One of my favorite things about this blog and our monthly themes is that I’m encouraged to think about my reading and writing in new ways. This month’s theme, sidekicks, had me reviewing the books that stay close by, even long after I’ve read them a time or two. What keeps me going back to those particular stories–nearly always a part of a series, by the way–and why? Besides the obvious (great hook, tight story, twisty plot, a protagonist I want to have a relationship with), what sets a book apart for me? A great sidekick.
The term sidekick, according to Wikipedia, “originated in pickpocket slang of the late 19th and early 20th century. The “kick” was the front side pocket of a pair of trousers, and was found to be the pocket safest from theft. Thus the pickpocket’s “side-kick” became an inseparable companion.” A quick thesaurus search for sidekick offers cobber as an Australian alternative for pal, chrony and confidante as similar American alternatives. (This is why I write slowly–I get distracted!)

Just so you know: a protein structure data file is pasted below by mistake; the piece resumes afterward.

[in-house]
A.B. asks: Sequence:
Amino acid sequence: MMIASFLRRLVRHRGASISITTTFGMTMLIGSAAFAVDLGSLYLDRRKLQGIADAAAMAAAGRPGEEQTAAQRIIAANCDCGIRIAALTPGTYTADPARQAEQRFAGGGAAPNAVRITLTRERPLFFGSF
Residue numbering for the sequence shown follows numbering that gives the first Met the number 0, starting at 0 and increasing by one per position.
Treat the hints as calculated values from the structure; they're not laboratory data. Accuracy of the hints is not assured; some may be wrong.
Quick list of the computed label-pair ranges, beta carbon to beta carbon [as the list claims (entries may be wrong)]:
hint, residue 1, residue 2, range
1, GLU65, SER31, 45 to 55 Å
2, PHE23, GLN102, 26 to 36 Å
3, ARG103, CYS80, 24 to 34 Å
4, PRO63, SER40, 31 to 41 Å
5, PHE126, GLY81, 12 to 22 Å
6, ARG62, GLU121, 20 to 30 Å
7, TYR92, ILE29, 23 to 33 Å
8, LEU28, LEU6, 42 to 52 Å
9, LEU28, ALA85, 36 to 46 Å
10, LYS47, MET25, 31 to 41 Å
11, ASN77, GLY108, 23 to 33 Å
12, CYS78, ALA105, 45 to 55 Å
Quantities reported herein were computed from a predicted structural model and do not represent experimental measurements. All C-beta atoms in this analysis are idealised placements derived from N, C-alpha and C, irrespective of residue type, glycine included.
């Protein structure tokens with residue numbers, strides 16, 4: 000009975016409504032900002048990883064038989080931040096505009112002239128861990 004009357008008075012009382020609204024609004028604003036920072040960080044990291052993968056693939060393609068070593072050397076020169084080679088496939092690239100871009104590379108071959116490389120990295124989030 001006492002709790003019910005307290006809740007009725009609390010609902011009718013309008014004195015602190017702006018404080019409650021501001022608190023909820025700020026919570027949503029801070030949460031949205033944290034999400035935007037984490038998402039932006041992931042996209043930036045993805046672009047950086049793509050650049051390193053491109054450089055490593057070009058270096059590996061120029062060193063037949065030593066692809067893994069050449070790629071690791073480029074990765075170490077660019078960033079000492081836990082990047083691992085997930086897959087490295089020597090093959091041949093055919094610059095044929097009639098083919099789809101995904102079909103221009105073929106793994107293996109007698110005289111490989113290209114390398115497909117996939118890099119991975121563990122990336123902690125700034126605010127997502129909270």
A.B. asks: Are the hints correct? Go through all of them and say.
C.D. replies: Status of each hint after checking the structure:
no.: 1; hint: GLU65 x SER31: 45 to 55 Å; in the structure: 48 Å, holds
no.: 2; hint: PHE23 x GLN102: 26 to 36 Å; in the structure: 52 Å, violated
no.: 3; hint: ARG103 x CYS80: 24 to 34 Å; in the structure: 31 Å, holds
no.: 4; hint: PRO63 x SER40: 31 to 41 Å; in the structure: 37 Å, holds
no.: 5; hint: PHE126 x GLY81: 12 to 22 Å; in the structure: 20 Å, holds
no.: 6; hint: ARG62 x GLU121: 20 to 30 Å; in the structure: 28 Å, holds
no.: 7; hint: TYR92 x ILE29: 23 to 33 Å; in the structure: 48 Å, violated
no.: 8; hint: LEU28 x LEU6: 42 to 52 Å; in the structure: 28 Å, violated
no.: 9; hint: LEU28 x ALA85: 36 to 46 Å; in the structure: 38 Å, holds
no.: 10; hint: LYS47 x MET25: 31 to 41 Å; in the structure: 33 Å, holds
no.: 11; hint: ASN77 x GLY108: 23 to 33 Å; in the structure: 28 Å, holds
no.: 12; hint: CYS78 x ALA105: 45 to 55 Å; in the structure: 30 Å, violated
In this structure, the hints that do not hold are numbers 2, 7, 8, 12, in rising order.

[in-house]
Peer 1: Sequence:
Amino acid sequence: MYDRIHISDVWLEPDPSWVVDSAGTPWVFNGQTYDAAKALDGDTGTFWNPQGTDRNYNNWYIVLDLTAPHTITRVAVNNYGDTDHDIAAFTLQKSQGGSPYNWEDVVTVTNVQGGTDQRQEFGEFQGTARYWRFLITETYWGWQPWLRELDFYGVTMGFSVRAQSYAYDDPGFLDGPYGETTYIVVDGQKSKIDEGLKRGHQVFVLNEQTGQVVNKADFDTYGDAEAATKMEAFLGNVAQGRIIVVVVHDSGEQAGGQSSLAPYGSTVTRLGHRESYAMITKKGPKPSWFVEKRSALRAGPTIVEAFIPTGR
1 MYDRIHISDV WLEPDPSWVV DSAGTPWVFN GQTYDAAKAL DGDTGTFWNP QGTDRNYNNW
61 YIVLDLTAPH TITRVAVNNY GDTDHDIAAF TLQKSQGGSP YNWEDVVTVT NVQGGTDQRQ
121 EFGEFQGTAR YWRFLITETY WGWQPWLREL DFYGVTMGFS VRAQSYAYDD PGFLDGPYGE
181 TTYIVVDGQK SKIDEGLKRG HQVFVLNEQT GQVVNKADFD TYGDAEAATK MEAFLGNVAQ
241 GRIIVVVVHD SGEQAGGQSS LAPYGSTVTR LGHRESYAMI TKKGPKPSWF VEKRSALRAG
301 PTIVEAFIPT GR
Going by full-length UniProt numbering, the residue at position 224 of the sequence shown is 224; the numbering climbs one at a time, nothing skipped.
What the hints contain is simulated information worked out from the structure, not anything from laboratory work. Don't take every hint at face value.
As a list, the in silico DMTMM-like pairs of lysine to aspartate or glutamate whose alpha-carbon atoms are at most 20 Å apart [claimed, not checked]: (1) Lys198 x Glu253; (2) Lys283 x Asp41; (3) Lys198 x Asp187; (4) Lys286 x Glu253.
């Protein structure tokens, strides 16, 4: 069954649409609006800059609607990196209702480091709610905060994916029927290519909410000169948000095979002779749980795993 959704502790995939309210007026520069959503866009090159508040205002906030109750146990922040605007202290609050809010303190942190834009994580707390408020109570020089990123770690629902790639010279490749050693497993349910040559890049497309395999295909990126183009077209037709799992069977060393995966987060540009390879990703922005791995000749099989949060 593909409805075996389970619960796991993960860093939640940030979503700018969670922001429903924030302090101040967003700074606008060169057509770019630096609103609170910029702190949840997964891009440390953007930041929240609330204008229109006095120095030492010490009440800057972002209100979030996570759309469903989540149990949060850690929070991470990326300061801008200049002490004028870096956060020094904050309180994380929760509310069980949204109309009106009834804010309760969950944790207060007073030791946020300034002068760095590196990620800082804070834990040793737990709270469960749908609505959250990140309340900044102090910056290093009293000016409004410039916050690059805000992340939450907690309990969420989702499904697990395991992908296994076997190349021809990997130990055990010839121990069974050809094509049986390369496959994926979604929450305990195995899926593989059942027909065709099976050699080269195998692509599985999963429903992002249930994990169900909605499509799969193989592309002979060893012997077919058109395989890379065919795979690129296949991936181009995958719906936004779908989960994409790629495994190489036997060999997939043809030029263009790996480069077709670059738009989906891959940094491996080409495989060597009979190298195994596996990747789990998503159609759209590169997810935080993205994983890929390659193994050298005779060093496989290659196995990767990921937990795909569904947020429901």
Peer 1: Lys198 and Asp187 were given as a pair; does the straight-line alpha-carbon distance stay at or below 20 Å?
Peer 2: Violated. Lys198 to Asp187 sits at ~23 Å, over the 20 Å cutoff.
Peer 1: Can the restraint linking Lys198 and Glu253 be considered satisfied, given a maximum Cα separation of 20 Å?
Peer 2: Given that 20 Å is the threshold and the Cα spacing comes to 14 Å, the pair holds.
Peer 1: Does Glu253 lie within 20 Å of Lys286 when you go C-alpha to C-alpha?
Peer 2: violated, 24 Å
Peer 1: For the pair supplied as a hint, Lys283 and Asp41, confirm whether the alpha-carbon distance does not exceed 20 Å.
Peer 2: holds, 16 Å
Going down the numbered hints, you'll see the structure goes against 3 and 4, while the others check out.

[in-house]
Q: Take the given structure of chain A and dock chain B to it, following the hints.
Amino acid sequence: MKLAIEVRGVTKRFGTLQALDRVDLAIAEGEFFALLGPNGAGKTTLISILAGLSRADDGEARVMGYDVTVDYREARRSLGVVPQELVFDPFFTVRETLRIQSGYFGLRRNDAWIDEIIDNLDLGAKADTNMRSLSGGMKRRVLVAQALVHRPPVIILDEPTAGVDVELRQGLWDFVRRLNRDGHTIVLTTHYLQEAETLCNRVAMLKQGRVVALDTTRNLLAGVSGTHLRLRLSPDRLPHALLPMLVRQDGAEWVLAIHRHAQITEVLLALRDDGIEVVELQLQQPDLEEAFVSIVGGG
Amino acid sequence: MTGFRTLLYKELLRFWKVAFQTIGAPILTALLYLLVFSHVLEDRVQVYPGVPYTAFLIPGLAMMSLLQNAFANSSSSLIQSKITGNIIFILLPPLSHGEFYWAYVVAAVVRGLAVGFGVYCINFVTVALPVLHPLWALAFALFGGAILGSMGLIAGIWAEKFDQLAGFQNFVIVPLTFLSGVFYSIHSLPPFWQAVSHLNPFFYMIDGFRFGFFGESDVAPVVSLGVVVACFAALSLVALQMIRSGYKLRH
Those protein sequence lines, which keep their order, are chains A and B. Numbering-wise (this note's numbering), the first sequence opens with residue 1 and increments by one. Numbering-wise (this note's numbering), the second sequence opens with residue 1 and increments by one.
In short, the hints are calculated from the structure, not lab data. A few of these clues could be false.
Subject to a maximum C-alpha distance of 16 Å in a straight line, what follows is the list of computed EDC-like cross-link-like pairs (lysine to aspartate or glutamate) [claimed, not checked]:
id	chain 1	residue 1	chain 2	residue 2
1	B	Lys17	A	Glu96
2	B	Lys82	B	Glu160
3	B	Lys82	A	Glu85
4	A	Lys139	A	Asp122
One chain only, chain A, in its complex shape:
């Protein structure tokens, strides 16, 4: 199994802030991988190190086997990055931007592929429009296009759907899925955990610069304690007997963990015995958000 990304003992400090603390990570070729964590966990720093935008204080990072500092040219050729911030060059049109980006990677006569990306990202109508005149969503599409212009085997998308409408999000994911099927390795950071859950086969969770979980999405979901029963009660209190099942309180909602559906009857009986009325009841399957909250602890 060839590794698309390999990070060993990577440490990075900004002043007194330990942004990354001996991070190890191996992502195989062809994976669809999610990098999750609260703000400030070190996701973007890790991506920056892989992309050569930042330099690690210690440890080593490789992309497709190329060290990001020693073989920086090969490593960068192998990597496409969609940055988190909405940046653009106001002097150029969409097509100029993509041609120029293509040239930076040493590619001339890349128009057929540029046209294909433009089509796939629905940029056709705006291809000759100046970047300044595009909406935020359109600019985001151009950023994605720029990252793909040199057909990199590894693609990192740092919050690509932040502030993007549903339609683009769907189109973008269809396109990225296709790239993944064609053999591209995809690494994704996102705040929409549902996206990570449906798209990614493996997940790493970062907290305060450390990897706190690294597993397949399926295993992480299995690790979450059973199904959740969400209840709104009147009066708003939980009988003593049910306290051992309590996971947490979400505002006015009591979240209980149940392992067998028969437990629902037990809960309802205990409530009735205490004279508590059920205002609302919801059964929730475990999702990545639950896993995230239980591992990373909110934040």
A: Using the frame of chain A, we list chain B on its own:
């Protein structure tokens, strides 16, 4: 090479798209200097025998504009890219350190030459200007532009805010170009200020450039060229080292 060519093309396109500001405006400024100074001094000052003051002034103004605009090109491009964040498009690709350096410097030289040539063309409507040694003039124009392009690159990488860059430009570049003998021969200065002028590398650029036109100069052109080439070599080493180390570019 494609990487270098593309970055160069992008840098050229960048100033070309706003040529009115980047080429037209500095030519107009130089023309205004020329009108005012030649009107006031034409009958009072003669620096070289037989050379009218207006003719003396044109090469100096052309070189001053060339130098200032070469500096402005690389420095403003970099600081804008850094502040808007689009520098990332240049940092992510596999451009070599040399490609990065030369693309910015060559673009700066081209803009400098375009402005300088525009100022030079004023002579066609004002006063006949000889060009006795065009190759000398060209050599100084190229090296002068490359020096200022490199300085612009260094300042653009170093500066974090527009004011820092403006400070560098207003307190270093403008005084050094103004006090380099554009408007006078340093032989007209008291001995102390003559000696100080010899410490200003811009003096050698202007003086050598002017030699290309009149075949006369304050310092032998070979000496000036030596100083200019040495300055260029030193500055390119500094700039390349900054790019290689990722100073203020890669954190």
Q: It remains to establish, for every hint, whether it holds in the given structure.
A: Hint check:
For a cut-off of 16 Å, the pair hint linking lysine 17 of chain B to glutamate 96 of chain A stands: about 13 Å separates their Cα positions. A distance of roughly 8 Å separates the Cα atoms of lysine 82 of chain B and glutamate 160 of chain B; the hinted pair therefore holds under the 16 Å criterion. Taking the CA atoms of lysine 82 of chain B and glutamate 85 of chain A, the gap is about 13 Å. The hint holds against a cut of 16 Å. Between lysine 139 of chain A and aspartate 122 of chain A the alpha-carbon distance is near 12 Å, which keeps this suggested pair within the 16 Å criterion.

As a reader, I love a smorgasbord of choices. I tend to stick mostly to mysteries, but within the broad genre, I’ll read almost anything: thriller, cozy, traditional, paranormal–I’m not choosy. (NOTE: I lump weird things together. I think the concept of genres and sub-genres has gotten a bit out of control, taken over by corporate marketers who need a new hobby. Just sayin’.)
But, as I reviewed some of my favorites, I realized that few had a protagonist who existed on his/her own. Instead, my faves all had classic and not-so-classic sidekicks. Dr. Watson convinces us that Sherlock is a good person, something the reader might not have seen without him. J.D. Robb’s Peabody helps the reader see that Eve Dallas does, indeed, have a softer, caring side. Lucy Burdette’s Hayley Snow has a whole cast of sidekicks, creating a family of sorts, one that provides all that a traditional family might: support, blunt truths, encouragement, and more. Even Sue Grafton’s Kinsey Milhone, a dedicated introvert and loner, learns to trust and lean on Henry, and adores Rosie.
Sidekicks provide writers all sorts of sneaky ways to share information, insight, and other juicy tidbits with the reader, showing without telling. Sidekicks also provide a multitude of opportunities and incentives to the protagonist, influencing the choices s/he make in the stories. These invaluable characters add a lovely dimension. It turns out, I really adore a good compatriot to the protagonist in my favorite stories!
I can’t wait to hear what the Mysteristas have to say about sidekicks this month. Who’s your fave sidekick?